I was sitting on the train today feeling very annoyed with myself for my low mood. I cast about in my mind for something to kick me out of my eeyority and up came my very best memory: the day of the blue sky.
It was summer in the late 70s. I was ten years old and had gone down to the river by myself. After wandering along the bank for a while i’d ended up on a strange man-made hill that (looking back as an adult) I realise was probably built to hide some industrial monstrosity or other. And it was on that hill that I looked up and saw… the most perfectly blue sky. Right there and then i thought to myself (in that earnest way of ten year olds): ‘I must never forget how blue this sky is, how beautiful.’
I sat there feeling sad about all the people who had never lived to see that sky or who hadn’t yet been born or who were somewhere else in the world where that sky wasn’t visible. ‘If i hadn’t been here right now,’ i marvelled, ‘I wouldn’t have seen it either.’ Many times since then i have returned in my mind to that hill and that sky, keeping the memory alive with my visits. It was only today though that i suddenly connected it with another memory from earlier the same year: the day of my tenth birthday, when I woke up elated to finally be in double figures. This was what separated the kids from the grown ups in my mind. I’d finally made it!
Yet no sooner did i experience this wave of joy at my new found ‘maturity’ than it was overtaken by another wave, this time of sadness. Because at that moment i realised that once you leave single figures there is no way back. Time moves in one direction only and takes you with it. For the first time in my life i had the sense of things being lost, of leaving bits of your life behind forever. I noticed for the first time the way that time seems to speed up with each passing year and i was frightened.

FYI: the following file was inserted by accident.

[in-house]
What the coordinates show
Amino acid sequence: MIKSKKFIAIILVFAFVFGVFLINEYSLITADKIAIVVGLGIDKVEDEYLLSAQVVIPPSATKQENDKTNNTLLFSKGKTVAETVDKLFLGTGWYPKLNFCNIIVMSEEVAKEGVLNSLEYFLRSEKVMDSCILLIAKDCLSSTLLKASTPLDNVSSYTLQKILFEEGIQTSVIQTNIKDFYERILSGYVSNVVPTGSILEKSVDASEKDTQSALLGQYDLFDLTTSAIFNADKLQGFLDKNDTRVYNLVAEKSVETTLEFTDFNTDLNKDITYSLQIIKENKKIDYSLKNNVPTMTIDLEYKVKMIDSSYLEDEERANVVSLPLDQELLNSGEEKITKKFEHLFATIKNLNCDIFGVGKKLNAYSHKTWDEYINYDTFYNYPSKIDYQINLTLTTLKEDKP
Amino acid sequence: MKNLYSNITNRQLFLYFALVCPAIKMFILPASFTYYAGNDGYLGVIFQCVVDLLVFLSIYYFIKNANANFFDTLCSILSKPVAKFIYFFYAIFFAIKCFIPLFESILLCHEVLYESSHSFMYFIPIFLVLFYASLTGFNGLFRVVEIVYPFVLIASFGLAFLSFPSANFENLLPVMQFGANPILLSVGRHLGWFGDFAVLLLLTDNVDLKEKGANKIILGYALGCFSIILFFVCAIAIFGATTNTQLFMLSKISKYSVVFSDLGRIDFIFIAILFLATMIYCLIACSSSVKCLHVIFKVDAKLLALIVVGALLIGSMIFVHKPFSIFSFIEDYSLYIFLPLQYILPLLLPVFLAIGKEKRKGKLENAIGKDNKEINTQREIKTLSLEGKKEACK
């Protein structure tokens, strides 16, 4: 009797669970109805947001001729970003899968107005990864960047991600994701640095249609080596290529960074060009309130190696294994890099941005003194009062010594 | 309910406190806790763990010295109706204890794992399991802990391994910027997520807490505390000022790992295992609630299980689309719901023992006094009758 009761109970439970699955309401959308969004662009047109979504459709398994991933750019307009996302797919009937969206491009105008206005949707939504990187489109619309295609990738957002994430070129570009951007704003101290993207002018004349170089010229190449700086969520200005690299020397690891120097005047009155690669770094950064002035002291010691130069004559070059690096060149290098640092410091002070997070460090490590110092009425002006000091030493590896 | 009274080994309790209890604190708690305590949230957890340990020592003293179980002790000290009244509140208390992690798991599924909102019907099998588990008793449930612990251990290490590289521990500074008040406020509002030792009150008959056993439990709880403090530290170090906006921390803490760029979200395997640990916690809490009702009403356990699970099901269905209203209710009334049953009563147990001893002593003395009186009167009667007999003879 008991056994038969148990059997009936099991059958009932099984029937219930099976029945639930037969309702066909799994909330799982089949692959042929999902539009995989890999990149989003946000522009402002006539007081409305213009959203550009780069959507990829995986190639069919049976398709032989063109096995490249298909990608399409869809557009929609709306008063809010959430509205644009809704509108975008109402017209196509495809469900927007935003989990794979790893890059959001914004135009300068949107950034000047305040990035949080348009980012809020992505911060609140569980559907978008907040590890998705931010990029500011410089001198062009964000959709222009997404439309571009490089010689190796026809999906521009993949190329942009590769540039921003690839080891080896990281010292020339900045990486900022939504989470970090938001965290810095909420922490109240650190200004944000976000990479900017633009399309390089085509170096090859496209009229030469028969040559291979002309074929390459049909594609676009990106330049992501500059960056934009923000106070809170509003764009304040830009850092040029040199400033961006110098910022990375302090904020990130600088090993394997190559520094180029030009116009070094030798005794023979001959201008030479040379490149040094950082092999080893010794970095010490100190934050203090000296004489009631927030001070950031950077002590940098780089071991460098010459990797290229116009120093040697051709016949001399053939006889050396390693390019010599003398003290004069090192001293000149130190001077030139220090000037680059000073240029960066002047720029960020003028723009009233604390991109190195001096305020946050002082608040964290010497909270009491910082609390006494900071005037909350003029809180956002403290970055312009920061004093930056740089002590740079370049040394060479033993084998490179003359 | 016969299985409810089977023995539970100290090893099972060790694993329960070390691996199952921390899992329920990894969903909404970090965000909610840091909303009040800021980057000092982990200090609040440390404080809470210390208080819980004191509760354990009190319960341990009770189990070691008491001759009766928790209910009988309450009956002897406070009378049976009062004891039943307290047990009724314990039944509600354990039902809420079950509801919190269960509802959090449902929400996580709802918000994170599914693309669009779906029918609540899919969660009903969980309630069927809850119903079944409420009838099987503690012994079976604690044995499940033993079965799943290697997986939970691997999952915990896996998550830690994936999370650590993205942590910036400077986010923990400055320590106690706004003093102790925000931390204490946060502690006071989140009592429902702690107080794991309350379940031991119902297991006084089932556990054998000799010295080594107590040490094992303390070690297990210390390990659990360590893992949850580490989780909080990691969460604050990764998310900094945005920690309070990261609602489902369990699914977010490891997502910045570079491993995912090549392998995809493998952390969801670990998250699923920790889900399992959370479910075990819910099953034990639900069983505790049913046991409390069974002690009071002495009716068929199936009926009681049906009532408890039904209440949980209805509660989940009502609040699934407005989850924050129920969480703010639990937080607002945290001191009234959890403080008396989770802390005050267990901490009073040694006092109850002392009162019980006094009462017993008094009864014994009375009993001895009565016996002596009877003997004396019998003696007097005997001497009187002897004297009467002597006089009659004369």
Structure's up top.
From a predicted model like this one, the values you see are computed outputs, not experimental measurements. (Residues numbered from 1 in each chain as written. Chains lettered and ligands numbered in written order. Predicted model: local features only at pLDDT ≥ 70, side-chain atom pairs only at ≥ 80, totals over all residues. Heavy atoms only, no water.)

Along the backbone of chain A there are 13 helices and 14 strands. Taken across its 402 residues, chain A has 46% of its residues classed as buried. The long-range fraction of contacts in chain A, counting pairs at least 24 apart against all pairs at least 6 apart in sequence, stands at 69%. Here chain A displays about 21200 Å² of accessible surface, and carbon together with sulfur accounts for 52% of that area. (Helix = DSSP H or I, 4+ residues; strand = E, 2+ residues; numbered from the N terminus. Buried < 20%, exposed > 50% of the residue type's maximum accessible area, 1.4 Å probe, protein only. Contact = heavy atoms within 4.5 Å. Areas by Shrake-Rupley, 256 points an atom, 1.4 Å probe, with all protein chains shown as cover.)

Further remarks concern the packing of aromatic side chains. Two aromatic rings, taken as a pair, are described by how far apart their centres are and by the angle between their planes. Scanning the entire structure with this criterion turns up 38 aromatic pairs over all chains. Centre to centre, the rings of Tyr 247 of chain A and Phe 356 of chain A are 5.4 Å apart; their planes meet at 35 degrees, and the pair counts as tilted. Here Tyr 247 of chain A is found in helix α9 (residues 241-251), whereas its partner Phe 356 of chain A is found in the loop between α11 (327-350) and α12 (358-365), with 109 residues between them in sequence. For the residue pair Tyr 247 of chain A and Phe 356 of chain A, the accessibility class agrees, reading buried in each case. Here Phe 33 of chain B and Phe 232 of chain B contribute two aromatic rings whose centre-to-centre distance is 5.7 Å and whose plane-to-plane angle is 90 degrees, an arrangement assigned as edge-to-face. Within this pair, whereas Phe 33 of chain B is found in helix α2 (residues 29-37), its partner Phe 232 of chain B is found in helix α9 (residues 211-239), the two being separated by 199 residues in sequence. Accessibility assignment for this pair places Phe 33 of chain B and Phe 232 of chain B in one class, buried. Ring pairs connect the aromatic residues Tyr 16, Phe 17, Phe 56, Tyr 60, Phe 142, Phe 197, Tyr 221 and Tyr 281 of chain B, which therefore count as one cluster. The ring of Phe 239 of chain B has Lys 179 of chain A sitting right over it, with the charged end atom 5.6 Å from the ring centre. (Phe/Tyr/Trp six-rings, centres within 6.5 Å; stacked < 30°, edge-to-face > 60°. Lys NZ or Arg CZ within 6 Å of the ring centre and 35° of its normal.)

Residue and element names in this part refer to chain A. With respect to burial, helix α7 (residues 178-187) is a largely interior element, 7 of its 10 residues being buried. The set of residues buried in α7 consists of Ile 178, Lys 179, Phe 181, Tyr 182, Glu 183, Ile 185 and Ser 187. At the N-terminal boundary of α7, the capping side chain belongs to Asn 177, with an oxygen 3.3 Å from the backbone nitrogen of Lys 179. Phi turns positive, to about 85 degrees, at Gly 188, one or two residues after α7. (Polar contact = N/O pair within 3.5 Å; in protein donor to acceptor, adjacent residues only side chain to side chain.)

By contrast, just two years earlier at the age of eight, i’d walked past a group of Fifth Years as they poured out of the local high school and thought to myself in despair: ‘I’ll never live long enough to be sixteen!’ Not because i thought i was in imminent danger of death, but because to me at that point in my life, time was something that seemed immensely slow moving. It had taken so long to get to the age of eight, i couldn’t imagine accumulating enough life to reach an age which was double that. As for memories, i didn’t worry about losing them because i was barely aware of having them.
In just two years i’d made the transition from a creature of the present to a person with a past, one that i was already aware was vanishing. And so on that hill i tried to fix a moment forever. In a way i succeeded, in a way i failed. I remember the moment: the intensity of feeling. I even remember the hill and the river. But the blue sky? Today i realised it was gone.